A yacht has the power to seduce as soon as our toes touch its teak.  Yacht decking is renowned for being both cool and soft on contact,  but as Feadship’s Manager of the Carpentry Department explains, not all teak decks are created equal.

'There are many details that distinguish a Feadship from any other yacht brand,' says Chris Cecil-Wright, 'but one that I often talk about with clients is teak. Their teak decks are harder, thicker and with a uniform colour that sets them apart from the rest. Feadship teak still looks fresh after twenty years.'

Jos van der Meer has been working in the carpentry department of Feadship for 34 years and his appreciation of teak, a tropical hardwood, is deeply ingrained. Though it is an expensive product to source from the forests of Myanmar, Jos believes that there is no substitute. 'It’s teak or nothing,' he says simply, 'It’s non-slip with no splinters, so you can walk on it with bare feet; the colour is rich when wet and a light grey when dry, so in the burning sun it feels cool; and teak likes water.'

Feadship never cuts corners – when they buy teak, they have people go into the wild for them in Myanmar to identify the perfect trees. 'We pay more to have the first selection,' says Jos, 'The best logs are the ones found standing in the centre of a group – only the top of the tree is in the sun so the trunk will grow straight and quickly. This creates long planks with straight lines, which means we can buy them up to 7 metres in length.'

Feadship buys 120 cubic metres of teak annually, regardless of orders. The logs need to dry in a natural state for seven years – under a roof in the open air – before they can be used. 'We need between 7 and 12% of humidity in the wood for it to have the ability to expand and shrink,' Jos explains, 'The plank grows when it’s wet, making the rubber seams between the planks rise, and this creates a non-slip surface for deck shoes. When the wood dries, it shrinks again – just as in nature.'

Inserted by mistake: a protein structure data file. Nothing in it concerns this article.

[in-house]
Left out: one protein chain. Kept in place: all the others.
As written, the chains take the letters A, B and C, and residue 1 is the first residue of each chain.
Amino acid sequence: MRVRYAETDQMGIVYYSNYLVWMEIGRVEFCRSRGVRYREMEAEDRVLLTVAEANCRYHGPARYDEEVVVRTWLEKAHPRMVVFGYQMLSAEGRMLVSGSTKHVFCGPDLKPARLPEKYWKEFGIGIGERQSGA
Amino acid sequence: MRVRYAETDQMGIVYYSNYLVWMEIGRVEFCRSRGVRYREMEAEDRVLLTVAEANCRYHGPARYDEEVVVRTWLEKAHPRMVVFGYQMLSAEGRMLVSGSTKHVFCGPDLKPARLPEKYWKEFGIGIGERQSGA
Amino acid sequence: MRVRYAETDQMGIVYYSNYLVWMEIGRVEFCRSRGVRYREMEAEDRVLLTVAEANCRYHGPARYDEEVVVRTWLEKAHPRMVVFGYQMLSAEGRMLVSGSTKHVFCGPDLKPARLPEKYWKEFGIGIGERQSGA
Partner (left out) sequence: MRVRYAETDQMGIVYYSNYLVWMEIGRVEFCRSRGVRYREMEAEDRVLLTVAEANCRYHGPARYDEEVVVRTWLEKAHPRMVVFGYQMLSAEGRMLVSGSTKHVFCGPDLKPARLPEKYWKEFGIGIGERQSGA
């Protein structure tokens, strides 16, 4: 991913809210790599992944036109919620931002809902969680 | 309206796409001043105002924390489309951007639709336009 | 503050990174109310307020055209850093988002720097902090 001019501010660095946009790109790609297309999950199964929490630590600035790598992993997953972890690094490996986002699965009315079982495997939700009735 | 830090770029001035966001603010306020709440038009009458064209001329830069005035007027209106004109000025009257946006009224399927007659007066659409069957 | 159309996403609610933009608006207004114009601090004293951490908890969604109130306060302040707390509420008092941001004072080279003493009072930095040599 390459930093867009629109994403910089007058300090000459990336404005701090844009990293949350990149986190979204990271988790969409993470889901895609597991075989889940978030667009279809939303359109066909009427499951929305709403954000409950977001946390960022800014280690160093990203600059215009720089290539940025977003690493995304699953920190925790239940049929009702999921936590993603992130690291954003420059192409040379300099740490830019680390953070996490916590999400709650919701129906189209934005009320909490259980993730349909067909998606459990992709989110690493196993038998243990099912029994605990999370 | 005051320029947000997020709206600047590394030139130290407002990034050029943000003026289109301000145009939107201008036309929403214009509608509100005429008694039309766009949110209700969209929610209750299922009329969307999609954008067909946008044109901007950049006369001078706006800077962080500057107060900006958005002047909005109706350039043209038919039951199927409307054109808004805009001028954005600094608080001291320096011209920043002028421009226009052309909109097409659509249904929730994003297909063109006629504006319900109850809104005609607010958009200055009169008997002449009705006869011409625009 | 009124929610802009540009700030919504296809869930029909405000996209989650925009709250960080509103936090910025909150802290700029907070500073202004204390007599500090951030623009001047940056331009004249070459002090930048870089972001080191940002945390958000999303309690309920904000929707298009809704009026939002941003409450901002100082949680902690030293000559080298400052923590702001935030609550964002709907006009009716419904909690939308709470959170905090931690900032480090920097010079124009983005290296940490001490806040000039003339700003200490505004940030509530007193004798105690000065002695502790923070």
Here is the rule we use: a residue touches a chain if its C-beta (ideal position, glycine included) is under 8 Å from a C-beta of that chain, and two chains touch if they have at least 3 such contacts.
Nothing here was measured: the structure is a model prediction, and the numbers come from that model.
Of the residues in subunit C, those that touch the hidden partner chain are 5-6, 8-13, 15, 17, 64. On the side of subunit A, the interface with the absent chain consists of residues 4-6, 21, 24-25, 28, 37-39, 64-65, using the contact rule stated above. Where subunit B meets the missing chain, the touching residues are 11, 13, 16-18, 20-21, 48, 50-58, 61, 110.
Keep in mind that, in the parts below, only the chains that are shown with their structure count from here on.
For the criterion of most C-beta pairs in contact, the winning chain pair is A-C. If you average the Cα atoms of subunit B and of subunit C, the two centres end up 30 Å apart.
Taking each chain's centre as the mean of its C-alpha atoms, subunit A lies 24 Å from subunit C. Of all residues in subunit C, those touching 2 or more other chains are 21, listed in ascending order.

Yachts require an enormous amount of teak: a 70m vessel will need 40-50 cubic metres for the decking alone, and Feadship’s creation, the 101.5m SYMPHONY, used 110 cubic metres throughout. Though Jos’s colleagues might survey sixty logs that are delivered to a depot in Holland or Germany each month, they will only choose the six best logs. 'We are very critical,' he says, 'We use 40 per cent of the log for the decking – the highest quality – and the rest we will use for interior ceilings or furniture.'

Feadship chooses to use planks that are 25mm thick, whereas many other companies will use just 6 or 8mm. 'Teak likes water, but the glue doesn’t,' Jos says, 'If you have a transatlantic crossing, and water is splashing onto the teak for several weeks, it could get into the glue.  So we make our teak thicker and we’ve had  no problems with that.' 

In the Van Lent workshop, each plank is smoothed and shaped to fit the vessel. Once onboard, a team of twelve people will work on the decking and exterior ceiling, gluing and bolting each plank in place and filling the gaps between them with black rubber. Once the painter has done the last spray of the project,  the planks are sanded to bring out the black lines and the patterns in the teak. 'It’s a quick story, but a long process,' laughs Jos, 'To understand it you need to be able to see it onboard – and feel it with your feet.'


'We keep ten years’ worth of teak in stock because it takes time to find it, and we only use the best.' 

Jos van der Meer, Manager, Carpentry Department Feadship

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